Mrs. Marvin Miller, of Jacksonville, Illinois, was a passionate Anti-Saloon League member, and a believer in telepathy. To Mrs. Miller’s credit belongs the idea of wedding temperance to telepathy. Mrs. Miller spoke of the idea to her friends, and urged it at several talks to Illinois daughters and mothers. She and her friends even gave a demonstration. According to the Ocala Evening Star of April 3, “[a]t Aurora last week the Rev. William Wasson, rector of the Episcopal church, was scheduled for an address in opposition to the local option. The women…sat in the audience and launched thought waves at him. They say he was so confused that this thoughts became muddled and his language halting.”
With a county by county election on the Prohibition question scheduled for April 7, 1908, the Temperance Thinkers mobilized some 500,000 women to dress all in white and to direct thought waves at voters. “Women arrayed in white will assemble at the polls,” described one paper, “and by concentrated mental effort endeavor to influence the men. The male-citizen will also be subjected to visual influence of an extraordinary character. In order to get to the voting booths he will be compelled to walk between lines of women and girls.” With only a small handful of urban counties dissenting, Illinois barred some 1,500 saloons. Twenty counties voted for an absolute ban on liquor.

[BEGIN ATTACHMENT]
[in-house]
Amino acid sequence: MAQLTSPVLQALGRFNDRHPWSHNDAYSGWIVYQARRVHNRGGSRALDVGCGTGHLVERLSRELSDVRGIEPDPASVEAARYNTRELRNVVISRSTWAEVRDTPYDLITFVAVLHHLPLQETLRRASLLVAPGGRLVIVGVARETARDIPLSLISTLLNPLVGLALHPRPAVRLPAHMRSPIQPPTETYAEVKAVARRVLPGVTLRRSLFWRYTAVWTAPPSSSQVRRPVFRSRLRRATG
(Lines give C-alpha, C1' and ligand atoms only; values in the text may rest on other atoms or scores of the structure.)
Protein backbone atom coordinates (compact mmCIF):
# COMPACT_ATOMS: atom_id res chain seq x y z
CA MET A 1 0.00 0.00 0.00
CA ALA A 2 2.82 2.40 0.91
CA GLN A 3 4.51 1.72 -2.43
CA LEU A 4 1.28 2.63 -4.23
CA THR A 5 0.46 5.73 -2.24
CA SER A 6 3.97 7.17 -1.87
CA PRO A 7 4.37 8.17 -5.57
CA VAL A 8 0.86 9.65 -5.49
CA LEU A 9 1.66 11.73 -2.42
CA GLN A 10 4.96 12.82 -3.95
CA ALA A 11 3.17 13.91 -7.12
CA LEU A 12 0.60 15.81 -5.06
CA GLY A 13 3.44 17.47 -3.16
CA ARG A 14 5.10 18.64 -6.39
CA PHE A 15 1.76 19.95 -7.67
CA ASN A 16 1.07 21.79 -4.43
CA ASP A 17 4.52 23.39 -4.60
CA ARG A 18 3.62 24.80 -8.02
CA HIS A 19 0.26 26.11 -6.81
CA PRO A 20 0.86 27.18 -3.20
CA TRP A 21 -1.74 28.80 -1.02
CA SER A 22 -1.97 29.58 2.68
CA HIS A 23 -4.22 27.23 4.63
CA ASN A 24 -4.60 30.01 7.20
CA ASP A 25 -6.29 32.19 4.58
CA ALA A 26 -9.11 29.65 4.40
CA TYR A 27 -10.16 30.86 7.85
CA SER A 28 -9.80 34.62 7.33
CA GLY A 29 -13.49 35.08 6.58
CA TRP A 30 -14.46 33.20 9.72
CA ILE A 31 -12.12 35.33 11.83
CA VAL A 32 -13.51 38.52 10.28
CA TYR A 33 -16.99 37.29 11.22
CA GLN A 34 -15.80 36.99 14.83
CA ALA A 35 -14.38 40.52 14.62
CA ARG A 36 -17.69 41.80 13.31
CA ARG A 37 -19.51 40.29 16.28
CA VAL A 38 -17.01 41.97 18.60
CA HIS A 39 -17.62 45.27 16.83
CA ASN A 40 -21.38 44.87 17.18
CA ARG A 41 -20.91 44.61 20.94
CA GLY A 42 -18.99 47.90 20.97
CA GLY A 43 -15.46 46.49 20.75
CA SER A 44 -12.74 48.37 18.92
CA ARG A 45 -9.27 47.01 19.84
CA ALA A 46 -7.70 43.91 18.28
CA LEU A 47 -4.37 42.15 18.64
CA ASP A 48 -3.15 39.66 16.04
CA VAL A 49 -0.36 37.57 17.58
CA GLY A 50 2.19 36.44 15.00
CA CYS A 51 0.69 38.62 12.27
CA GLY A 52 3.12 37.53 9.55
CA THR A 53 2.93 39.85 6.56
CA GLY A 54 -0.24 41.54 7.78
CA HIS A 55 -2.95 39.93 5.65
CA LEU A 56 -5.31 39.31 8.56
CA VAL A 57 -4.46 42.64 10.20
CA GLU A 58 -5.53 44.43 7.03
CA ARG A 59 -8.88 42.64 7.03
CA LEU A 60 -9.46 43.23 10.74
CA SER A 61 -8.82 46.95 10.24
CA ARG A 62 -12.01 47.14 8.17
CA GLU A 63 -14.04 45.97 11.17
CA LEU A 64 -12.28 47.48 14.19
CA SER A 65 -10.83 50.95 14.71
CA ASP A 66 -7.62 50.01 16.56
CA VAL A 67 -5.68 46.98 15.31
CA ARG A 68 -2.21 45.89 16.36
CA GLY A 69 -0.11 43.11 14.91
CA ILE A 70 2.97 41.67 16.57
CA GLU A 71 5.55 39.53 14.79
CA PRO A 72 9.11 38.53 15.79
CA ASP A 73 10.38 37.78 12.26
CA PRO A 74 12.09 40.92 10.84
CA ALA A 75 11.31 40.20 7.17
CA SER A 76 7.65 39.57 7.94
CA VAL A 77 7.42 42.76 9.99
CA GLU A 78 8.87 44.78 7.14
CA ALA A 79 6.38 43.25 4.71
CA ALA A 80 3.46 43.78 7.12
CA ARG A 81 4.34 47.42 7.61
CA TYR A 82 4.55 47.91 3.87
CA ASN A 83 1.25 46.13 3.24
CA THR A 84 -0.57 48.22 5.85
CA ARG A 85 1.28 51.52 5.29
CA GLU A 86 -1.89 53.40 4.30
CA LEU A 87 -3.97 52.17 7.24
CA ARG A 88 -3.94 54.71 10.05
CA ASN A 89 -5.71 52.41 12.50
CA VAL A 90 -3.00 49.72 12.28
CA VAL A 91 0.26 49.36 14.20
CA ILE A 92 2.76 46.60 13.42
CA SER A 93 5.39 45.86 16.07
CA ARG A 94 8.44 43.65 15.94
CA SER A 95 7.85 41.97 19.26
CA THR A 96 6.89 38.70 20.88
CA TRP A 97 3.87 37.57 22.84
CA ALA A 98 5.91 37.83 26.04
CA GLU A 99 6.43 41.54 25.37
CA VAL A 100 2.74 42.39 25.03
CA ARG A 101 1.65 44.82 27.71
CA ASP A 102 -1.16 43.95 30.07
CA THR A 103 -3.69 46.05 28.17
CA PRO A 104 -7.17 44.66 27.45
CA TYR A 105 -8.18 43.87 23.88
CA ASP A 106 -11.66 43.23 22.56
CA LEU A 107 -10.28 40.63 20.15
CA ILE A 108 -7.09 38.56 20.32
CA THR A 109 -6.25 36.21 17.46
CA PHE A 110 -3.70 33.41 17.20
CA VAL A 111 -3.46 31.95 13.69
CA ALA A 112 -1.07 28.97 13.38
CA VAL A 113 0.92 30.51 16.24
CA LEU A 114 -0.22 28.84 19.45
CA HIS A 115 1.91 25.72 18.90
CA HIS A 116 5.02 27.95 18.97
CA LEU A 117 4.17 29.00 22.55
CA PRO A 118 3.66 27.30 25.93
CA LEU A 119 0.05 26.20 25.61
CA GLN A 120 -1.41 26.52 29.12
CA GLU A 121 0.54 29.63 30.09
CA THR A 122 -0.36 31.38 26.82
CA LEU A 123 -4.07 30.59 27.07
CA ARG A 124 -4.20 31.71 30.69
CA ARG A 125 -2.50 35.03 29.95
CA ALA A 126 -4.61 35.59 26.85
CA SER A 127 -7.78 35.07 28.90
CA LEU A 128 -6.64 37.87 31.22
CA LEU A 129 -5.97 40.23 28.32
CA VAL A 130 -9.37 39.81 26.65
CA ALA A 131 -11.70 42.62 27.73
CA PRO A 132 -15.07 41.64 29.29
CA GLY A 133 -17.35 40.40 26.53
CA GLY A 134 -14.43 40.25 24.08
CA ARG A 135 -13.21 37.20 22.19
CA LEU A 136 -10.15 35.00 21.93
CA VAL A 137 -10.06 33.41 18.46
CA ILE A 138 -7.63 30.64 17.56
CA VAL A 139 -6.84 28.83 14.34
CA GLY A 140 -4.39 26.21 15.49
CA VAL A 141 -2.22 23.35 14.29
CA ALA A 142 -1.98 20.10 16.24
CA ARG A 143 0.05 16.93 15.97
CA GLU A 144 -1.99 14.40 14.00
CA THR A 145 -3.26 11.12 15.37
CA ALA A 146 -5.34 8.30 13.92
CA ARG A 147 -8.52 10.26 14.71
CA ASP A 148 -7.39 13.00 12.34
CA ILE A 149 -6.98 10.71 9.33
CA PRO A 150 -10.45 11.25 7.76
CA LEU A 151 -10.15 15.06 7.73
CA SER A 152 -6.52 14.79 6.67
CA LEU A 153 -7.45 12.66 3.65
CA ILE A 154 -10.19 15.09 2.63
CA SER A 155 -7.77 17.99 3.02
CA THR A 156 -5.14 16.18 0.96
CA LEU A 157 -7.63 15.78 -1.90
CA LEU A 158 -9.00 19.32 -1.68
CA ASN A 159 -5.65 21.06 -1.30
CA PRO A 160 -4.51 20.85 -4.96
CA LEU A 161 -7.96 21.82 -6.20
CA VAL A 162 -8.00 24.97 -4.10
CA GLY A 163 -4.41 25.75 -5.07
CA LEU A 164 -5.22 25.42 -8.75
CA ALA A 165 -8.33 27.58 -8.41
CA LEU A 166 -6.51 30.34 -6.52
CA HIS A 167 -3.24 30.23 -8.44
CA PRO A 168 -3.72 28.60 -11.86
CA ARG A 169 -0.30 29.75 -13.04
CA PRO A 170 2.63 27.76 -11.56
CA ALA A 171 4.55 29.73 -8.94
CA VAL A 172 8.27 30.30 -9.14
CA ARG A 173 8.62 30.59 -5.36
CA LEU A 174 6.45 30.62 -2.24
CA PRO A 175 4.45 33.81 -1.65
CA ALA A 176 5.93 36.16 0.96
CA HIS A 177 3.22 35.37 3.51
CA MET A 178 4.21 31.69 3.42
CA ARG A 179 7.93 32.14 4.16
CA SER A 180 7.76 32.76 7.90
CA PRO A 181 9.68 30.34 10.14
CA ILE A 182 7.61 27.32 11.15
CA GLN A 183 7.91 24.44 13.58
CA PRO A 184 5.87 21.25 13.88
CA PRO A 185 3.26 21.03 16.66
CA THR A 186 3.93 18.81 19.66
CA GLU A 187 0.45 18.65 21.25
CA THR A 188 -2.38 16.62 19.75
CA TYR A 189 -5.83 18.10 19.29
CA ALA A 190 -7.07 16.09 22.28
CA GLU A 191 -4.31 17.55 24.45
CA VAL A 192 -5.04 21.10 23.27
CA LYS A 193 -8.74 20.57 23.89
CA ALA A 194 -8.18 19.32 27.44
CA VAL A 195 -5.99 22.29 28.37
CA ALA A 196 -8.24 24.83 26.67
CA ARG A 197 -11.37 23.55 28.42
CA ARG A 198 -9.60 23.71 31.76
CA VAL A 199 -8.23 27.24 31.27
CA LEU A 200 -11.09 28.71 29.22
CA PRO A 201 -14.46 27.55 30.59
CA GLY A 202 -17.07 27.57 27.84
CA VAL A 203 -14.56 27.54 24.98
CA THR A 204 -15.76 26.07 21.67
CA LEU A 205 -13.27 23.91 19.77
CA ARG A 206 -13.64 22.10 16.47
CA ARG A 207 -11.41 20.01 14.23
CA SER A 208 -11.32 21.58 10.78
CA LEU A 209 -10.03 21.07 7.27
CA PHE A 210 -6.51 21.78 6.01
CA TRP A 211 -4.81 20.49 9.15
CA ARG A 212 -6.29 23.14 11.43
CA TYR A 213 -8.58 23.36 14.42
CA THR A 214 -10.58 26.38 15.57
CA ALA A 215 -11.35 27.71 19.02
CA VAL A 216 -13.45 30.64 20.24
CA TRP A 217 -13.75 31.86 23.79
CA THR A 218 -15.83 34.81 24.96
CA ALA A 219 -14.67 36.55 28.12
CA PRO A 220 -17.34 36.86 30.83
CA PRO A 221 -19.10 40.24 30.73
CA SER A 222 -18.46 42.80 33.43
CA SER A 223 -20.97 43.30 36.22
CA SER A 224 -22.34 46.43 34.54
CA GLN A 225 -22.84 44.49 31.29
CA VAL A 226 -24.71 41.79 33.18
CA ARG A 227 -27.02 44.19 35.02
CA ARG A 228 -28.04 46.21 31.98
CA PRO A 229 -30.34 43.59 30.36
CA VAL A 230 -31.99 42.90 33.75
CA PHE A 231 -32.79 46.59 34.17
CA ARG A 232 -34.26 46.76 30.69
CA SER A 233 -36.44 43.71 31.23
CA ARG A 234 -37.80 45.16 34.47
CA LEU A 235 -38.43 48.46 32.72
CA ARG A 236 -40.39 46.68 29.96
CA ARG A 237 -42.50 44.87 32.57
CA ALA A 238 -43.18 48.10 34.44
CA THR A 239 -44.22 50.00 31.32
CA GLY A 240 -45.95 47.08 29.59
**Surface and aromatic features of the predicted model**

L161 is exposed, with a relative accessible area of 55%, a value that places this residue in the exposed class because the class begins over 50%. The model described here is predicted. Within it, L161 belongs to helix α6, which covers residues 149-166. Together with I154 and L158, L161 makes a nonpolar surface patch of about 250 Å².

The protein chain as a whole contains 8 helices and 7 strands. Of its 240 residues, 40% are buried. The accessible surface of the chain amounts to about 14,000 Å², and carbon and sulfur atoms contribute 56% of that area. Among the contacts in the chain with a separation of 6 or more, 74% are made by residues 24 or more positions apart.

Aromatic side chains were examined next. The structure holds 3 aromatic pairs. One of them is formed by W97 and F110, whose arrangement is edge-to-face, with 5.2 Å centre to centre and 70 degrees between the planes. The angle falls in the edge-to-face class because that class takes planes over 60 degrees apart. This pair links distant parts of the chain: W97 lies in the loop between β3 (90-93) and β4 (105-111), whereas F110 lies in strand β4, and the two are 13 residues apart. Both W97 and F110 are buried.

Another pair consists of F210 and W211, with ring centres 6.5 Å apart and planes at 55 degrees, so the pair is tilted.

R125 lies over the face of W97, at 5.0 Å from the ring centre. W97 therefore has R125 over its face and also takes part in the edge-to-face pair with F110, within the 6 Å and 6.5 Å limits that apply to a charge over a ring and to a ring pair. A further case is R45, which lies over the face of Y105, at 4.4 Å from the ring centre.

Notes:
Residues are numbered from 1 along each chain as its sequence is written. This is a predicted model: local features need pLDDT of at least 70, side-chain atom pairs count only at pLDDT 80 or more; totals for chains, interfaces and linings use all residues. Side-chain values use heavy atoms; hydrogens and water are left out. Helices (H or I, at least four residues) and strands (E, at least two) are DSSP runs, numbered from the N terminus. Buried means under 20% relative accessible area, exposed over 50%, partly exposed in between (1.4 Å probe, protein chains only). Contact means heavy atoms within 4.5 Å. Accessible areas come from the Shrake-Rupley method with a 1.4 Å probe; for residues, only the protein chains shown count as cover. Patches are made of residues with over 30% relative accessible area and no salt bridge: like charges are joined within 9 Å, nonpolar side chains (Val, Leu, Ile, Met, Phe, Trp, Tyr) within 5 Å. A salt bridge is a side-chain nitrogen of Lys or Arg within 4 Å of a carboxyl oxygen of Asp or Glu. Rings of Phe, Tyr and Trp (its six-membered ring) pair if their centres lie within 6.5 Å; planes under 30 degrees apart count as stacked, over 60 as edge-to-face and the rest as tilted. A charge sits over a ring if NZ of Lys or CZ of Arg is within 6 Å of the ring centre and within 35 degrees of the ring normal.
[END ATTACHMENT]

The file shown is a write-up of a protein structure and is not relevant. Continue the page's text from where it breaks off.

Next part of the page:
The Arizona Republican, reporting on the results, sounded a note of alarm. “We can think of no more powerful influence than the concentrated effort of a half million feminine wills directed towards a certain object. There was nothing unlawful or improper in the exercise of such an influence, provided the thought currents are turned off when the polls closed and were not permitted to play after the counting of the ballots began. In that case, the mental suggestion of the ladies to the election boards would have amounted to hypnotism, which, though not expressly inhibited by the statutes would have been reprehensible.”
As an electoral tool and fad, telepathy seems to have faded after 1908.